Surgeries are finally up to speed for the Africa Mercy team in Madagascar, which is good news for Marilyn as she nears the end of her service there. She shares stories and photos, including one tumor surgery miracle. A sixteen pound tumor was removed. -----Sharon
(This is a running email post written by a volunteer nurse serving on the Africa Mercy, a hospital ship that travels the African coast).
"Up to Speed at Last"
27 February 2015
Can you imagine what life would be like with a 16 pound tumor hanging off your jaw? A benign tumor is only benign if you are able to get medical attention in a timely manner. Years ago, it
|Sambany before surgery|
|Blood donors for Sambany|
|Sambany after surgery|
I've included before and after photos...and a picture of our local "blood bank." (Yes, we do invest our blood, sweat, and tears into our work around here...) Cataract surgeries are happening, too. Some days are crazy busy, with more bumps in the road than usual. Last Monday was such a day. It was exhausting, but it all became worthwhile the next day when the patches came off. We got some terrific results, and had some very happy patients.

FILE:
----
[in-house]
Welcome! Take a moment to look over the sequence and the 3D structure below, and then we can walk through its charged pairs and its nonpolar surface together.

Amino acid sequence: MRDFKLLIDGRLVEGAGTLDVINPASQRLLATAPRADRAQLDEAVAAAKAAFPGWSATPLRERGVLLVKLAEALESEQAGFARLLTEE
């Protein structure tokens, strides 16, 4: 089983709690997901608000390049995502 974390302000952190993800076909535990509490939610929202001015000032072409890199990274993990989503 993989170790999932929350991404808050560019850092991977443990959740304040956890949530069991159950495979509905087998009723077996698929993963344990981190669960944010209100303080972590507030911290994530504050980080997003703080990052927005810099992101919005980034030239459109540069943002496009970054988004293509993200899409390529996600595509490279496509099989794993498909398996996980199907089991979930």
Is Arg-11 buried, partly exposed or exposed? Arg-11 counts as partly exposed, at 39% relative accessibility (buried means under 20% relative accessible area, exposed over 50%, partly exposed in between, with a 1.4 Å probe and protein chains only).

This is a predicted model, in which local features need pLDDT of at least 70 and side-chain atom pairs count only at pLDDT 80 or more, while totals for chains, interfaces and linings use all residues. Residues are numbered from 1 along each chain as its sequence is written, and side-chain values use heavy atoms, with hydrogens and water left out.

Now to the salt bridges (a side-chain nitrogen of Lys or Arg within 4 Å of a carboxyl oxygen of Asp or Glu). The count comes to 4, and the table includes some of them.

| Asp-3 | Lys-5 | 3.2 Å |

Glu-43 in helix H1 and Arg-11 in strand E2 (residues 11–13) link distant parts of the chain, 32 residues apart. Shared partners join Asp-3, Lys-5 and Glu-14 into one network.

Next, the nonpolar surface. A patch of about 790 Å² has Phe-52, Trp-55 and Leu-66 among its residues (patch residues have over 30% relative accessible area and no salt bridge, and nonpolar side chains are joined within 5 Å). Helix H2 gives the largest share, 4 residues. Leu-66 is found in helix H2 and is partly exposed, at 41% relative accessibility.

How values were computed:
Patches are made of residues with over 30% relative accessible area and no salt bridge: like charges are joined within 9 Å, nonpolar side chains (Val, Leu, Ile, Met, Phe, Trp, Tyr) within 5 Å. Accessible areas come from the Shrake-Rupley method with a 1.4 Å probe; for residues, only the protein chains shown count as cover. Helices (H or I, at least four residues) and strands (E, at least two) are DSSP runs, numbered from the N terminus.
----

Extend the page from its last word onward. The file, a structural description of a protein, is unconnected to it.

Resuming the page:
This week's star patient is another relatively young man with diabetes. He came to the screening in Tana, but his blood sugar was way too high for surgery. We sent him away. Undeterred, he got his blood sugar under control, and he and his wife took a bus from Tana to come to one of our local screenings. He was profoundly blind and walked hesitantly, even with his wife on one side and me on the other. The day after surgery, he saw his wife again for the first time in a long time. In one of those funny, poignant moments, he smiled and started to shake her hand.
(Fortunately, it did end up in a hug.) He is returning next week for his second eye--I can't wait to see him in action, walking independently up the gangway and down the stairs. I leave for home in less than four weeks. I am sure going to miss this place! What a blessing it has been for me to be here. --
[Click here to learn more about the nurses and doctors on board the Africa Mercy.]